Council delivers with Mid-Year Budget Review

As Townsville City Council continues to deliver for the community, the city has record low unemployment and private sector investment is soaring despite inflationary pressures across the country.

Townsville City Council today handed down the 2022/23 Mid-Year Budget Review at the Ordinary Council meeting.

Council’s operating deficit is forecast to be $2.9m by June 2023 compared to a budget operating deficit of $0.8m which was adopted in June 2022.

The forecast June 2023 operating result is mainly driven by increased operating costs due to labour cost increases, the scarcity of materials, supply chain disruptions and the increase in cost of fuel.

The adopted budget operating revenue is $457.9m compared to a mid-year review budget forecast of $459.3m, with the forecast increase mainly due to higher interest rates on Council’s cash deposits.

Mayor Jenny Hill said despite the challenges of increasing costs in sourcing labour, the scarcity of materials, supply chain disruption and the increased cost of fuel along with other inflationary pressures, Council can be proud of what it has delivered for the city so far in this financial year.

Significantly, the Council will not be compounding the pressure on families or businesses by increasing any rates, fees or charges.

“We continue to have strong financial foundations that allow Council to continue to support our rates concessions for pensioners and not-for-profit organisations, including sporting and religious groups,” Cr Hill said.

“Council has not been immune from the challenges of getting the number of skilled workers we need to conduct the critical work of delivering our capital and operational plans.

“Despite the challenges, our capital program continues to move forward, which is all part of our plan for future service delivery requirements and creating economic growth in the capital of North Queensland.”

Through considered innovation, efficiencies and effort, Council’s astute financial management continues to minimise the impacts on ratepayers of the increasing cost of living.

Council is proud to be serving the community and its role in the progress that the city has made, with Townsville’s 2.8 per cent unemployment rate (the lowest since 2010) well below the state figure of 4.6 per cent. At the same time, Townsville’s estimated labour force rose above 108,000 people, the highest amount in more than a decade.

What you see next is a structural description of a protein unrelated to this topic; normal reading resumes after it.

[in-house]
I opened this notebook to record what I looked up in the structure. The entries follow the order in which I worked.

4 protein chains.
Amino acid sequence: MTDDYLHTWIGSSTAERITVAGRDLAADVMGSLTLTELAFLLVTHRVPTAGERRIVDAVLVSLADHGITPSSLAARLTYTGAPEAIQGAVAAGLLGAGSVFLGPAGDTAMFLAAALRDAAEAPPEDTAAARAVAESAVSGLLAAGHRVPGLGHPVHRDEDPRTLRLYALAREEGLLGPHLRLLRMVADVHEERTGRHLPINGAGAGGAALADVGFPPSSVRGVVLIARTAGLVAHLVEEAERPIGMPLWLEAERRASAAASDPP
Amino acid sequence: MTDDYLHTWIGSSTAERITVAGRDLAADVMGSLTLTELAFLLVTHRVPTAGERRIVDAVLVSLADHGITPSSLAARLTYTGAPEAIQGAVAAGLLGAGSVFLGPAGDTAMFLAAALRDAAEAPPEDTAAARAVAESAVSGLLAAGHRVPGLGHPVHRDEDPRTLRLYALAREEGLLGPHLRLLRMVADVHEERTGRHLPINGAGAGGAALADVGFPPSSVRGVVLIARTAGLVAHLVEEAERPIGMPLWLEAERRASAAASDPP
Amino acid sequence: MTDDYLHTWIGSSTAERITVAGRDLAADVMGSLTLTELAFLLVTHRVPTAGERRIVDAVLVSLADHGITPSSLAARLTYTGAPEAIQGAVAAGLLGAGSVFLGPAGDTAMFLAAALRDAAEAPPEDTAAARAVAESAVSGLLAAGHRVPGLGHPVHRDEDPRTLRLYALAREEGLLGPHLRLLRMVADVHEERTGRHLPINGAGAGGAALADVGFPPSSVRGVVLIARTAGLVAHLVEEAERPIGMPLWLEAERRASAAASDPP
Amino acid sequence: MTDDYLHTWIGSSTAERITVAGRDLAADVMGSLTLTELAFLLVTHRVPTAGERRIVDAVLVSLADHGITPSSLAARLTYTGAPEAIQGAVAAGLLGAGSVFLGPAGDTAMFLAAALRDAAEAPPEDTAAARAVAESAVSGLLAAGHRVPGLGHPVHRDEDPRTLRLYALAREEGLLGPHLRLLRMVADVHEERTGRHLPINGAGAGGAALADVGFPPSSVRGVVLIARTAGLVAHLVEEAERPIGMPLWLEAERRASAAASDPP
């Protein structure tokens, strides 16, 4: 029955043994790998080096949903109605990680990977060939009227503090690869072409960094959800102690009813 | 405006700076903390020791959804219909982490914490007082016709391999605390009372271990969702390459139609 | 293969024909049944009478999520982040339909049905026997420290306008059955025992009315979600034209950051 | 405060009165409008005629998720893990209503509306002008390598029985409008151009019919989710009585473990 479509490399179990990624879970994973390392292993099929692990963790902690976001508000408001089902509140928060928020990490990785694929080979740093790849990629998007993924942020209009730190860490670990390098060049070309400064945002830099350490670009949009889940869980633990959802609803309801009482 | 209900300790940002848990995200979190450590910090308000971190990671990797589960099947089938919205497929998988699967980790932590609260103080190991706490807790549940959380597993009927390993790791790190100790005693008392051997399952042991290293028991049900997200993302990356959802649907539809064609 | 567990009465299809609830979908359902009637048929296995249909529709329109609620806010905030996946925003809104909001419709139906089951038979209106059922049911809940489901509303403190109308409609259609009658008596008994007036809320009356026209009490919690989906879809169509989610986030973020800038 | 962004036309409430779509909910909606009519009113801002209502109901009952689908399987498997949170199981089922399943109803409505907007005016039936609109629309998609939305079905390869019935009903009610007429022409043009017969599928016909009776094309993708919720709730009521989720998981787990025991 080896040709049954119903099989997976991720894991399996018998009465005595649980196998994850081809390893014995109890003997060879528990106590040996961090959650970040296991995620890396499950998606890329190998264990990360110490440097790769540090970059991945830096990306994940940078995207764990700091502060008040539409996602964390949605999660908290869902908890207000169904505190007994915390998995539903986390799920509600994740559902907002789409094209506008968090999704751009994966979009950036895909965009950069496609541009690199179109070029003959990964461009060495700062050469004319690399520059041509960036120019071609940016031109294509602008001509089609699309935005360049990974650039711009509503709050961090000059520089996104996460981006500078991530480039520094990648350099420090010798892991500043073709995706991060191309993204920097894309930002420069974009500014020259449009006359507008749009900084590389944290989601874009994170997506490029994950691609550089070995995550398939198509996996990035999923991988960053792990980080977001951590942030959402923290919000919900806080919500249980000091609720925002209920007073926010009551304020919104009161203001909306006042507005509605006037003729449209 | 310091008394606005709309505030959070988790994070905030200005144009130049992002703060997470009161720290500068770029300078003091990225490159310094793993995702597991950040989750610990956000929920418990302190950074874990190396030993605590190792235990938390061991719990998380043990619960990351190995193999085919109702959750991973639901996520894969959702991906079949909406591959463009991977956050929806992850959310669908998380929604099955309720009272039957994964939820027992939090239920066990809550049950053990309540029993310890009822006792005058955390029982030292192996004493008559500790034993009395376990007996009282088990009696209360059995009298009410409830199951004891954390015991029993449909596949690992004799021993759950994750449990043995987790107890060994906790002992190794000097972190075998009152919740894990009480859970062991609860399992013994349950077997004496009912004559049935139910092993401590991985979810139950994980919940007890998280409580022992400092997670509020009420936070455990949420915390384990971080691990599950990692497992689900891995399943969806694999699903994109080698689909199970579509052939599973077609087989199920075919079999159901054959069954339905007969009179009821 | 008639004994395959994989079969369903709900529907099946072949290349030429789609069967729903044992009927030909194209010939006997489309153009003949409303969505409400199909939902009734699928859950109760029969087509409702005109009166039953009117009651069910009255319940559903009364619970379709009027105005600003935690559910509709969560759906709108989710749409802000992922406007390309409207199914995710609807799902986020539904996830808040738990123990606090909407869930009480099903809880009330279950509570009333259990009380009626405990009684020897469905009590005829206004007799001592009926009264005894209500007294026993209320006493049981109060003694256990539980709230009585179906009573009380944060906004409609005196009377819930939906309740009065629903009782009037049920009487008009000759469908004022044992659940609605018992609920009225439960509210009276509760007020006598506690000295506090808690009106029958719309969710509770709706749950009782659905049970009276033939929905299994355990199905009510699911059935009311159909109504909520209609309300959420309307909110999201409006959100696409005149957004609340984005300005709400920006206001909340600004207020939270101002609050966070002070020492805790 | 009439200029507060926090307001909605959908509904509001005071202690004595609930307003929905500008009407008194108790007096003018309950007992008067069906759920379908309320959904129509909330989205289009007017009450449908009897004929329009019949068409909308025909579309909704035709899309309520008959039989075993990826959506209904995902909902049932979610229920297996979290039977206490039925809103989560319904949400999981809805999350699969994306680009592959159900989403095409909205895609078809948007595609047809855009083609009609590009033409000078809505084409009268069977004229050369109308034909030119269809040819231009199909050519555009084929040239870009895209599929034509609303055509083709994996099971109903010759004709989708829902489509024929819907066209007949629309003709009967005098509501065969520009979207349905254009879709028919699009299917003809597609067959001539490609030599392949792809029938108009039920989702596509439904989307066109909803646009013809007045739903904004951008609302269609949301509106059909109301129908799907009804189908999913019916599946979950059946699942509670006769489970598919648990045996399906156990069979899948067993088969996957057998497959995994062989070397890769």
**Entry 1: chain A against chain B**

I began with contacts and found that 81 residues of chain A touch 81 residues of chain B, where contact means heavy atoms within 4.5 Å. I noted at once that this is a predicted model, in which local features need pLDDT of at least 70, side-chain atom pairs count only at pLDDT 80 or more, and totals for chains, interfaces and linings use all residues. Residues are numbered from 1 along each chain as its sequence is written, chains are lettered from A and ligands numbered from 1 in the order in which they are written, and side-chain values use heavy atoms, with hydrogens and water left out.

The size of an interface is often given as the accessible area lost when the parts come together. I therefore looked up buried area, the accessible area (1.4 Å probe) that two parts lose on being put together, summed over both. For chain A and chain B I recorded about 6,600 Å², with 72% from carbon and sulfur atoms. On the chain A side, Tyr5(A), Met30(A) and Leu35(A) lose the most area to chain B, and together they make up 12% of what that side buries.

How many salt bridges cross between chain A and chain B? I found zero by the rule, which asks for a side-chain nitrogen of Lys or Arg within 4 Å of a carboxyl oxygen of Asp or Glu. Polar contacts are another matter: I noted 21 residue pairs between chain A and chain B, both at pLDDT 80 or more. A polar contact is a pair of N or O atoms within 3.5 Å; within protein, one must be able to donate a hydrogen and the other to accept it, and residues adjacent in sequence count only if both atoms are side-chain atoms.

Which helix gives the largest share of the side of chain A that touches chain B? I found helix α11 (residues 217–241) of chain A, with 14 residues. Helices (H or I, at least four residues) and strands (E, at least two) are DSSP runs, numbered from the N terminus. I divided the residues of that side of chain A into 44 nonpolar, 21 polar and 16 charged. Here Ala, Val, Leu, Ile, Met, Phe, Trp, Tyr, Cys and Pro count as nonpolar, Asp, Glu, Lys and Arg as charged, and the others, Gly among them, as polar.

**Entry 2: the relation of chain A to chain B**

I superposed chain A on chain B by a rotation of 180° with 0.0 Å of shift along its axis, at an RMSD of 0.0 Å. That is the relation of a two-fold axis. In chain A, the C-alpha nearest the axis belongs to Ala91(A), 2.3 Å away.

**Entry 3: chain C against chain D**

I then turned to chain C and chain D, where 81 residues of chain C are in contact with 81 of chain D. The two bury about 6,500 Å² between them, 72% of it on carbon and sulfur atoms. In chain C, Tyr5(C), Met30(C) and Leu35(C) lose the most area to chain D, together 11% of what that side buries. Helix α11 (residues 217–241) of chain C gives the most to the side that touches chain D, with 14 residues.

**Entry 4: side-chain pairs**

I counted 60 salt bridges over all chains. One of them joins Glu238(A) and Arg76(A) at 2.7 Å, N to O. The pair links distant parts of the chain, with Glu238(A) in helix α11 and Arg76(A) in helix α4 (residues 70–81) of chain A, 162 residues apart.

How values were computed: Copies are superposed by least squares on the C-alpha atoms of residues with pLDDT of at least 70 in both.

This record low unemployment, a thriving property market and record investment in the city is another vote of confidence in Council’s 2022/23 Budget and Operational Plan.

At the end of 2022, a total of 540 dwellings were approved for construction, representing a total investment of $146 million. Additionally, 684 residential lots were approved for release and sale across Townsville during the same period.

Business confidence scores also remain positive, and several upcoming Council-supported projects will continue to sustain economic growth.

Private sector investment numbers are also vastly improved on recent years, including more than $690 million in approved commercial developments during the past 12 months. This includes a development application for QPM to commence development of the TECH project at the Lansdown Eco-Industrial Precinct.

Tourism numbers have skyrocketed 57 per cent as the city bounces back to beyond pre-COVID numbers.

Council continues to work for the people of Townsville as we deliver excellence in our essential services and work to make our city a great place to live, invest, learn and earn for a sustainable and prosperous future.

As part of the 2022/2023 financial year budget, and in support of the Council’s Corporate Plan, the Planning and Development City Activation and Jobs Growth Policy continues to yield benefits for growing Townsville.

Council has invested $330,000 in grants to assist with modernising buildings and providing $500,000 in waived infrastructure charges for a significant project (Wulguru Group) that is investing $148 million into the full project, employing an additional 223 jobs. This has resulted in an injection of $64 million during construction and $43 million ongoing into the local economy.

Industry leaders have expressed confidence in the Council’s commitment to facilitating development.

“Townsville City Council is currently doing some great foundation studies with the feasibility studies underway,” Property Council Australia (PCA) Chairperson Simon Walker said.

“I know we (PCA) have said it before, but what Council is doing in working closer with industry and the private sector to get better outcomes for the city is very refreshing and encouraging and it is not going unnoticed.”

Colliers director Peter Wheeler also praised Council’s efforts.

“We look forward to working with Council again in 2023 and hopefully seeing some real progress and outcomes with some of the initiatives we have been discussing,” he said.

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